Giving up my aerobics of Latin Grooves or sculpt classes at the gym for chanting and meditative yoga was just not a sacrifice I was willing to make after working out for years to get my abs and gluts in shape.
But purchasing and wearing spiritual and well-designed talisman jewelry was definitely something I could manage.
Off went my diamonds and platinum and on went high carat gold delicate medallions in varying length chains.
The first piece I chose was a small 18K gold Me &Ro medallion with a lotus leaf in the center for renewal, transformations and new beginnings. (Translation: forget commitment phobic ex boyfriend and find new one.)
Next I layered a rough-cut aquamarine for courage and a better understanding of others and myself. (Maybe this summer I will manage a week vacation with my family without wanting to strangle a sister-in-law.)
At 18 inches, I clasped on a Ganesha etched pendant, the God of strength and fortitude, which promotes success by removing obstacles. (I would stop stubbing my toe on the magazines pile that doubles as an end table in my apartment. A more organized living space would eventually lead to an uncluttered mind. )
Dangling at 22” was a flat cut diamond set Tree of Life by Coomi that evokes deeper grounding and faith. This is obviously something I need more of in all aspects of my life.
I wore four other charms/pendant that hung at varying lengths with symbolic meanings and motifs.
Reluctant about the rules regarding weakening the power of my new necklaces by taking them off to shower and sleep, I decided not to risk it and woke up every morning to untangling seven chains. Add to that, nothing seemed to change or be happening.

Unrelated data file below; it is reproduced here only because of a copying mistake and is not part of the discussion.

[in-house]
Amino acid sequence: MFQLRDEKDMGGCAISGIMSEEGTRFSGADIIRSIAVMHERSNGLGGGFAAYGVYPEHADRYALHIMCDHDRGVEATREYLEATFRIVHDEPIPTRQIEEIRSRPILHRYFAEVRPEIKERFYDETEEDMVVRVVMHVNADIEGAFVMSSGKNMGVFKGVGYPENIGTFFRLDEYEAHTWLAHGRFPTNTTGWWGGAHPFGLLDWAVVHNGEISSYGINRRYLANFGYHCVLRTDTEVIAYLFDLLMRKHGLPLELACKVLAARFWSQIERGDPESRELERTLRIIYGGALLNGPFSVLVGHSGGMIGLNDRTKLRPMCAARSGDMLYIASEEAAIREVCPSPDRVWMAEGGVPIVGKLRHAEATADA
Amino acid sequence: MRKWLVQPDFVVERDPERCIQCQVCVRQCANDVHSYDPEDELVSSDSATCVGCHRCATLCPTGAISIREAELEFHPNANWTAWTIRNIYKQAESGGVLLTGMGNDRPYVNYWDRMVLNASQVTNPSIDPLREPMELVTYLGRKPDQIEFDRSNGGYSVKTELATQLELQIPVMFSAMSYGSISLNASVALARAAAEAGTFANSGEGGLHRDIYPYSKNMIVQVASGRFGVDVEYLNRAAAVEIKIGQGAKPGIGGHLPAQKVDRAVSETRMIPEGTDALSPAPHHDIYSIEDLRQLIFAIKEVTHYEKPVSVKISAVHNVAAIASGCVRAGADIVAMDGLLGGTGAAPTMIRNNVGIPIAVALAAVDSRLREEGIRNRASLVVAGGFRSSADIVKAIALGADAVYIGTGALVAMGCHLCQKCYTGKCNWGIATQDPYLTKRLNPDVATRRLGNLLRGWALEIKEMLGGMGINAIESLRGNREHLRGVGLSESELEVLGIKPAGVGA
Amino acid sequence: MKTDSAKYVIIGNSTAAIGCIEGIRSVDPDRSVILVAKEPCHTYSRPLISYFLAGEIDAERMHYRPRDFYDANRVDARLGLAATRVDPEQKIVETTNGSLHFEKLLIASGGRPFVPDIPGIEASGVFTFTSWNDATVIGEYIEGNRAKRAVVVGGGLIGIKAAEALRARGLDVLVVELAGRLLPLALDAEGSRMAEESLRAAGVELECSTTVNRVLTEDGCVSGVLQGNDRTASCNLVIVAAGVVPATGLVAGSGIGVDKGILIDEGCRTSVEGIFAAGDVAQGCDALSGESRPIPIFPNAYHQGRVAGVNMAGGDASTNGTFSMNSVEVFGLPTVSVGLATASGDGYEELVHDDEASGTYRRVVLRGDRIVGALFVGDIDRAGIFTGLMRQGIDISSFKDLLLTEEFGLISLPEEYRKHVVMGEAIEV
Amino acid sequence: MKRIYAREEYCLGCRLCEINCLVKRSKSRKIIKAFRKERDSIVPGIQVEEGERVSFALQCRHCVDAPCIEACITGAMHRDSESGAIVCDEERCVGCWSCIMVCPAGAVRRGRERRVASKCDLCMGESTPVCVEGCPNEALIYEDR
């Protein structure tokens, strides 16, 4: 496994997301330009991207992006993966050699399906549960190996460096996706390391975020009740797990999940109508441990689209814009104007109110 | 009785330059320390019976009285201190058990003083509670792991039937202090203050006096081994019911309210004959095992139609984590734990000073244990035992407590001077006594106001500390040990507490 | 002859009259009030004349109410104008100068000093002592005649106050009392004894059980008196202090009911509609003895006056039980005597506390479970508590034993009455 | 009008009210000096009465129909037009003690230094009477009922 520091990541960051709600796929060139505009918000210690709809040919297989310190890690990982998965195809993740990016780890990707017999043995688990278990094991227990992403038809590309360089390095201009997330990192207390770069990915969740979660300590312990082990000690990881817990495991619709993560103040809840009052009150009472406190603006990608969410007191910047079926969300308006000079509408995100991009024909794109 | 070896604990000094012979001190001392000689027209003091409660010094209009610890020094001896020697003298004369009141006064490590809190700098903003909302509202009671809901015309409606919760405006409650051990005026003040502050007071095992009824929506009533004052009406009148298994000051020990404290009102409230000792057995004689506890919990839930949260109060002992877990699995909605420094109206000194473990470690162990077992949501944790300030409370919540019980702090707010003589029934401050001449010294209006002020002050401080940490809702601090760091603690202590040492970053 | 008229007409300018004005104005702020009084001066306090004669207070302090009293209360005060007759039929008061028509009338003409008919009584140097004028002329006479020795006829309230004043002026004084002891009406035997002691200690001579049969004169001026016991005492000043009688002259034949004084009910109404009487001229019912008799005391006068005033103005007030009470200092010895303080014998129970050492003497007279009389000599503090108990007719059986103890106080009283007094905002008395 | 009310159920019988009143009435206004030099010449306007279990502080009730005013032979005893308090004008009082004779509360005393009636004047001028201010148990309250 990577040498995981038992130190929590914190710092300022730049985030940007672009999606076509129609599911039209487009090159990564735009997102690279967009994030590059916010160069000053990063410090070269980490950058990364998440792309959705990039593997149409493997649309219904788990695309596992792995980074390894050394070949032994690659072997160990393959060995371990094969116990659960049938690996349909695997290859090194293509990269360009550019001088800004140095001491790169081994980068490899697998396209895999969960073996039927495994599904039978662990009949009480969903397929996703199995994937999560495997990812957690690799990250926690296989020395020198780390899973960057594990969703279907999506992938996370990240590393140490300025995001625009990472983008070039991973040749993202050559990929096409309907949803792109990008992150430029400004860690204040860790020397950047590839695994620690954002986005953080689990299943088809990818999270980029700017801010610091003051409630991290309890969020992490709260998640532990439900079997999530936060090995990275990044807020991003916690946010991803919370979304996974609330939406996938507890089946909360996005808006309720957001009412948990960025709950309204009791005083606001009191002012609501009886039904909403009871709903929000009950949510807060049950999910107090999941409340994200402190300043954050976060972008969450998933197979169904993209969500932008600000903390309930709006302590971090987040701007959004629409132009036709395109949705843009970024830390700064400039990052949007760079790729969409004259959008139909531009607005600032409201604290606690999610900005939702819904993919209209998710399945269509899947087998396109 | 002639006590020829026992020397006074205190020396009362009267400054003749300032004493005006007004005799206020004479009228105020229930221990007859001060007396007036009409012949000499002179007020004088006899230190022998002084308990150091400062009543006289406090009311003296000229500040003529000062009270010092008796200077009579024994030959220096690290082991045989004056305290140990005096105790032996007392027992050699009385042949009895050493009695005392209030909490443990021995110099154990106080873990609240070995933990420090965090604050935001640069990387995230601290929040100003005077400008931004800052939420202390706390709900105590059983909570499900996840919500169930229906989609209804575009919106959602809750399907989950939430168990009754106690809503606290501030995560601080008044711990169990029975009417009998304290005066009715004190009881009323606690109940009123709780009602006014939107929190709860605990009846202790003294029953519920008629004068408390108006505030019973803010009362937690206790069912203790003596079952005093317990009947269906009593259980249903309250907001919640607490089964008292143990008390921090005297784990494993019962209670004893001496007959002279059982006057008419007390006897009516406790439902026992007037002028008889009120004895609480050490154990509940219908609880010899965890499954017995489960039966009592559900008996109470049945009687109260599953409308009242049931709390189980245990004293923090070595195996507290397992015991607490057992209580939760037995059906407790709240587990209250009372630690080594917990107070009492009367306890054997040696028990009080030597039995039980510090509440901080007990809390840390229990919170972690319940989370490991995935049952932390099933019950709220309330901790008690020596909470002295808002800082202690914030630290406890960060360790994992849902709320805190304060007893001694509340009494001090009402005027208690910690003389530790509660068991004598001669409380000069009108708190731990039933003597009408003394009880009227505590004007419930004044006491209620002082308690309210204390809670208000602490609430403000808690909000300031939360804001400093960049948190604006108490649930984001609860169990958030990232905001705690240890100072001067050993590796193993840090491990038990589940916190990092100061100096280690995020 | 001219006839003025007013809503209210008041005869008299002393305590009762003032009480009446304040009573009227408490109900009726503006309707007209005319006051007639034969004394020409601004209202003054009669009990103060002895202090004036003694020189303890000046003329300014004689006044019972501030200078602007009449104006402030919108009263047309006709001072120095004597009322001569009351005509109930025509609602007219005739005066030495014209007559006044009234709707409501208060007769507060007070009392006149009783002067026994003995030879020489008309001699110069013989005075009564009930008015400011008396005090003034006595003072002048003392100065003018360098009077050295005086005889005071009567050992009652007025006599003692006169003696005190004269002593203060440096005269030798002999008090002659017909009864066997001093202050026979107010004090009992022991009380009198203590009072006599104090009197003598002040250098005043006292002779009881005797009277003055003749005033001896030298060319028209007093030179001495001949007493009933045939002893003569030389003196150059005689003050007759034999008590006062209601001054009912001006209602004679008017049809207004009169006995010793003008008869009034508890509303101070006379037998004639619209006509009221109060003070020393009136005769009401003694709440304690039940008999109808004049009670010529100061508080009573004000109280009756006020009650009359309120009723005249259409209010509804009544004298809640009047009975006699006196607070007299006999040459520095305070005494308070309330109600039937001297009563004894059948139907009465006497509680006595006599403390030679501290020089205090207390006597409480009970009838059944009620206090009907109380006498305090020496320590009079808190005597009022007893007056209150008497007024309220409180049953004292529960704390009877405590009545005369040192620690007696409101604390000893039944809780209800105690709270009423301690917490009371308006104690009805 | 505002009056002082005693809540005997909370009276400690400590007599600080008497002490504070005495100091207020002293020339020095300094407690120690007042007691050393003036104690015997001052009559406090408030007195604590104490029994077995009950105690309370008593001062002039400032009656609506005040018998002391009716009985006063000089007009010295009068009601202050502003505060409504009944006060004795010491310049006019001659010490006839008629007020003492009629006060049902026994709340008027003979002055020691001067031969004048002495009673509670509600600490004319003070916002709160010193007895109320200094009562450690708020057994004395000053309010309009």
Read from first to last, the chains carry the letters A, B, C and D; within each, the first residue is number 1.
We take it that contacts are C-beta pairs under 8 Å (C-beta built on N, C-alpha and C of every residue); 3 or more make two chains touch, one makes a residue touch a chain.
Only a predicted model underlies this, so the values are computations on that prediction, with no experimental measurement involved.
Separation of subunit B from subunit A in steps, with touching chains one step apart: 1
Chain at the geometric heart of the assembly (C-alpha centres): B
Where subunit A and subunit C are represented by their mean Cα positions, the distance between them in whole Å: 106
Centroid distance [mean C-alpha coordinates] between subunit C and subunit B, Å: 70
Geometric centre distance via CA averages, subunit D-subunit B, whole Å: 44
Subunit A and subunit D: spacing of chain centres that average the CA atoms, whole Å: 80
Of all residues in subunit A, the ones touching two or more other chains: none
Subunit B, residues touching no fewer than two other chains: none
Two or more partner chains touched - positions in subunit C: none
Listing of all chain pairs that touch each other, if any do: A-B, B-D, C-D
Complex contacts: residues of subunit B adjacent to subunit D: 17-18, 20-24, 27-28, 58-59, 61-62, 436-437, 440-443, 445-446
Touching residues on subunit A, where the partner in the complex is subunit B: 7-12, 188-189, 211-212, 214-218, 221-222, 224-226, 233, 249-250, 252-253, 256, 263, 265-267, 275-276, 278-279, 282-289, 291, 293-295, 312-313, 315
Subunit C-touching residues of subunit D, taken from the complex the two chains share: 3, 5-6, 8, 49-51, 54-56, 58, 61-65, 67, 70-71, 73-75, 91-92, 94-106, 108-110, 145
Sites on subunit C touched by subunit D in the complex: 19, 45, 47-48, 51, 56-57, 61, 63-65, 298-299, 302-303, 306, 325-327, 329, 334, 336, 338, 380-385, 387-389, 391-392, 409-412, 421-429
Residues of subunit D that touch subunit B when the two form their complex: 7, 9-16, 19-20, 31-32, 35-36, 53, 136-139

Not known for my patience, I was about to retire my “good luck” charms to the recesses of my jewelry box when I notice they made for an extremely fashionable look. Worst case, if they didn’t work, at least I’d be draped in the latest trends of yellow gold, layering, rough cut stones, medallions and charms.
The trend continued in popularity and I change them up for a variety of talisman and meaningful pieces, I’ve collected over the years. I’ve also learned fly without my silver amulets, almost got the hang of rhythmic breathing in my new yoga class, try and believe in the good, let go of a little control and have some faith. And, as a diamond and platinum girl by nature, I’ve also mastered a few creative combinations of mixing spirituality with a bit of bling.
Here are some designers I recommend who have some beautifully crafted symbolic pieces. Designers working primarily in gemstones: geodes, minerals rough and raw cuts: Jamie Joseph, Melissa Joy Manning, Kimberly McDonald and Lena Skadegard jewelry For motif driven styles: ME & RO, whose designer Robin Renzi’s vision jump started the trend for spiritual jewelry that is also fashionable. Her pieces, which have featured in many films and TV shows, are worn by longtime fan Julia Roberts in Eat, Pray Love. (Roberts also wore Renzi’s jewelry in The Mexican and Notting Hill as well). Other designers working in this medium who create alluring pieces Mauri Pioppo, Sofia Kaman for Kamofie and Dogeared, whose founder, Marcia Maizel-Clarke has always offered a host of contemporary versions of spiritual and message collections and has now partnered with Sony Pictures for the license for Eat Pray Love by Dogeared jewelry.